Our minister is Reverend Kim Stilwell
For a Minister, Easter brings many different responses, from feelings of anxiety and weariness because of the busyness of Holy Week, to the sheer joy of the Easter Day celebration, to the bitter sadness of Good Friday.
Looking back, perhaps the most moving service for me, and I know for a number of others present, was the reading of the Passion of our Lord according to St John on Good Friday morning. It was simply the retelling of familiar words interspersed with familiar hymns and music and some appropriate images - and yet there was a real feeling of the Spirit at work as the events seemed to unfold in our presence. It reminded me of the post-resurrection story of the two disciples meeting Jesus on the road to Emmaus who reflected: "Didn't our hearts burn within us while he opened the Scriptures to us!"
I am frequently struck by the way that a bible passage that I have read or even preached upon many times before can carry a fresh "punch" - the real experience that the words are a "Means of Grace" as Mr Wesley would have it - a vehicle for God to speak to, and to bless God's children.
This month we move steadily towards Pentecost and will shortly be delivering the "Experience Pentecost" programme. This is a fantastic opportunity as some 390 children from 13 different schools will come through our church (as well as the Elim church and St Laurence's) to hear the story of the coming of the Holy Spirit. How blessed we are to have so many local schools open to helping children learn about the Christian faith! And what a great testimony to our oneness in Christ that the churches are working enthusiastically together on this project!
Please pray that the Pentecost story comes alive for those children as the Passion story did for us on Good Friday. Pray too that we all may experience a fresh and personal sense of God's life-giving Spirit at work in our lives as we come to celebrate Pentecost ourselves. On that occasion morning worship in Ludlow will be led by our District Chair, Rev Rachel Parkinson - so there is much to look forward to!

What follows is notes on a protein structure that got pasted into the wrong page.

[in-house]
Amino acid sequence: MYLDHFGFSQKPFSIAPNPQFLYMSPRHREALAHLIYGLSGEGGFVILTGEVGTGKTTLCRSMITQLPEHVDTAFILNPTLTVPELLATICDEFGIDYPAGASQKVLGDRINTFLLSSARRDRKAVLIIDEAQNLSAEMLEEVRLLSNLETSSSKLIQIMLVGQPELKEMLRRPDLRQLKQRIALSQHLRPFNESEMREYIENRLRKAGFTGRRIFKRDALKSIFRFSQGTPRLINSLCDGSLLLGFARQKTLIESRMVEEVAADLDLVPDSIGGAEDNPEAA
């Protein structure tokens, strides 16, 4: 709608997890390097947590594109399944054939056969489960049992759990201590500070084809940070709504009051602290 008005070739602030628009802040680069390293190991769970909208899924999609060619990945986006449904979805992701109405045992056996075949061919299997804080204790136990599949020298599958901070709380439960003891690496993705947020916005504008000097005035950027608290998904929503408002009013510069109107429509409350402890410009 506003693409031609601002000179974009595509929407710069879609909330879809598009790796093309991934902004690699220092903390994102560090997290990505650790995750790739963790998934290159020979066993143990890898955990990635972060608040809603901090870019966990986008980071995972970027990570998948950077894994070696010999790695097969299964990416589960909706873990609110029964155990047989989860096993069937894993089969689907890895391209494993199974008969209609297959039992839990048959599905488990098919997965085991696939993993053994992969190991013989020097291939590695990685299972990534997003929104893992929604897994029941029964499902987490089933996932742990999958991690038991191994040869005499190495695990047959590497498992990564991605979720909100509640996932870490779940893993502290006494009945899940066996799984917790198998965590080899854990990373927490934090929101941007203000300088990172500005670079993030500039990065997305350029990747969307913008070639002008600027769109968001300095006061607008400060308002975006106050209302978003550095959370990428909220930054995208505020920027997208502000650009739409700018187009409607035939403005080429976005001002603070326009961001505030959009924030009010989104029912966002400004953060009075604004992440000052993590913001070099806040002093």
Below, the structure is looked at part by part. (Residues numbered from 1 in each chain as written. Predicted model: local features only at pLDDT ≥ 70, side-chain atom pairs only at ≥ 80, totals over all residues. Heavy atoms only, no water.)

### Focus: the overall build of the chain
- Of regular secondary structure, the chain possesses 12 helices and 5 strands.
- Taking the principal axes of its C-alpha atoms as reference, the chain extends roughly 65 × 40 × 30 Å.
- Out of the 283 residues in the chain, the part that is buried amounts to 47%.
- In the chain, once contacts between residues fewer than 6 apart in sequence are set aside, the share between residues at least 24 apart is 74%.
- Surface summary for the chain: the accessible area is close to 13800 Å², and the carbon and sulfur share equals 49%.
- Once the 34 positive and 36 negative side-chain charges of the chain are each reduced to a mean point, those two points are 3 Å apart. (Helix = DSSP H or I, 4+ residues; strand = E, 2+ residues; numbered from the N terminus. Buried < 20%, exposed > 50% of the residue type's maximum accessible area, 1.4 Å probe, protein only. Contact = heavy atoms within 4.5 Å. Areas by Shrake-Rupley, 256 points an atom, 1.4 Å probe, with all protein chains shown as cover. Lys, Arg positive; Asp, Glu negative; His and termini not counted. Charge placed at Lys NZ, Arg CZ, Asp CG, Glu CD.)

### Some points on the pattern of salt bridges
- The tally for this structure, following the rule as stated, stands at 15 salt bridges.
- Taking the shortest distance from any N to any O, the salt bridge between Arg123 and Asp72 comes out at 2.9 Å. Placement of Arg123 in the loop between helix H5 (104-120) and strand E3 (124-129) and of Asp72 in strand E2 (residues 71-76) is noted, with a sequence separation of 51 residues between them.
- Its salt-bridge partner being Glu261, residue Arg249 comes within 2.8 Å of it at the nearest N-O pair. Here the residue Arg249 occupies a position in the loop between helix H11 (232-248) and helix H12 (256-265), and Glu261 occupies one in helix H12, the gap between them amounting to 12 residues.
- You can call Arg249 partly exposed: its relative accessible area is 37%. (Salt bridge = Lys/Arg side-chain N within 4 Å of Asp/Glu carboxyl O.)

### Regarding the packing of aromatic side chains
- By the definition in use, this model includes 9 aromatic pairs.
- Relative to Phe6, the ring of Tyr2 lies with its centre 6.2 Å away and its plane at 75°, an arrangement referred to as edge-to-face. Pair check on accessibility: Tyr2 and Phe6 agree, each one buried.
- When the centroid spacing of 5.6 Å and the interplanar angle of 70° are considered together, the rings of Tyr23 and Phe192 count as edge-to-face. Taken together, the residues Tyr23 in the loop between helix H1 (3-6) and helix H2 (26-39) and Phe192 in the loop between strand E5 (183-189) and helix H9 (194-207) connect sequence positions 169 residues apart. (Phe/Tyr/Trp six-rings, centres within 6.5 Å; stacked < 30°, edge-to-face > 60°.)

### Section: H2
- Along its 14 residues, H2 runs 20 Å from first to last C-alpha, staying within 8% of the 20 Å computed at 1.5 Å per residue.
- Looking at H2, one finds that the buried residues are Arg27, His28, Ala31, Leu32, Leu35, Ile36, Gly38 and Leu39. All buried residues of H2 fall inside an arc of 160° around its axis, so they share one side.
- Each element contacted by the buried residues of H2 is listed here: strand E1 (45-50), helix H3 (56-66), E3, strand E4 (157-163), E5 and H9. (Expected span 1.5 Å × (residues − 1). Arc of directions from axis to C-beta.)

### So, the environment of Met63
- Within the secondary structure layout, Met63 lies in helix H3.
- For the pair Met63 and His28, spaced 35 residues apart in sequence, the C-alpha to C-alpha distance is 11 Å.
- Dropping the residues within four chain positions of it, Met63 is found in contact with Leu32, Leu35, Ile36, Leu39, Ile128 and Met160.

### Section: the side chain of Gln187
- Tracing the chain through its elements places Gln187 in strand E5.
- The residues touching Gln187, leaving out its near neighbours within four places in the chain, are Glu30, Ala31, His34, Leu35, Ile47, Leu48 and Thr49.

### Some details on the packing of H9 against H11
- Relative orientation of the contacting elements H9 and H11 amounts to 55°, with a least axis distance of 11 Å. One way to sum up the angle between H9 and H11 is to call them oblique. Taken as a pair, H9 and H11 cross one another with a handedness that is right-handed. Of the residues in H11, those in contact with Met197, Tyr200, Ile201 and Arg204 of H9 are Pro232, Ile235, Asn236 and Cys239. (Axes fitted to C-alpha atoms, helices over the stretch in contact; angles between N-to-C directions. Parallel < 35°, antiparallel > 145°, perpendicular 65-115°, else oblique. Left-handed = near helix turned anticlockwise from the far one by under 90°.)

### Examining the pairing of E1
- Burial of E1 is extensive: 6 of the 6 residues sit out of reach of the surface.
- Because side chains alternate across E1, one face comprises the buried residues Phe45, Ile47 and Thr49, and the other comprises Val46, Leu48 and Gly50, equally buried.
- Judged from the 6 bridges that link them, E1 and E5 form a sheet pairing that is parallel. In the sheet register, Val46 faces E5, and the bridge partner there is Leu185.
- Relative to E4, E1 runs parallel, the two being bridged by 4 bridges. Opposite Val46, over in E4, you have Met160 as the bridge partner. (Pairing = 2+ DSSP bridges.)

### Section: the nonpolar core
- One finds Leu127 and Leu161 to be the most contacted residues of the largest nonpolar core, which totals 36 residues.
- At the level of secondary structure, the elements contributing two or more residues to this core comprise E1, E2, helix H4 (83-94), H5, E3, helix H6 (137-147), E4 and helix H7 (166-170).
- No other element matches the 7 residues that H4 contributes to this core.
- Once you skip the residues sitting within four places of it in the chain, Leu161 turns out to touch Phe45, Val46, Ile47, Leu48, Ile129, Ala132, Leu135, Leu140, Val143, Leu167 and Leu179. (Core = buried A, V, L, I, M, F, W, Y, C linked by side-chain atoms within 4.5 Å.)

It was Ludlow's "turn" this year to host the twice-yearly meeting of the District Presbyteral Synod - a time for Methodist Ministers to gather, to rededicate ourselves to following our calling, to share in Holy Communion, and among other work to remember those who have died in the last 12 months.
This year with great sadness we remembered the ministry in our Circuit of Rev Chris Hardy, a young man who, after just a few months in appointment, collapsed and died. It was a great tragedy which was reflected upon in a subsequent Memorial Service at Pontesbury.
In the morning worship at Synod, our Chair of District Rachel Parkinson asked the question "How do you spend your Holy Saturday?" Not many rushed to give a response, quietly and ashamedly thinking that it's a very useful day to draw breath between the frenetic activity of Holy Week and Easter Sunday. It's time to polish off a sermon, or catch up on a bit of shopping. But perhaps that day more than any other symbolises our human condition - that state of being in the in-between times.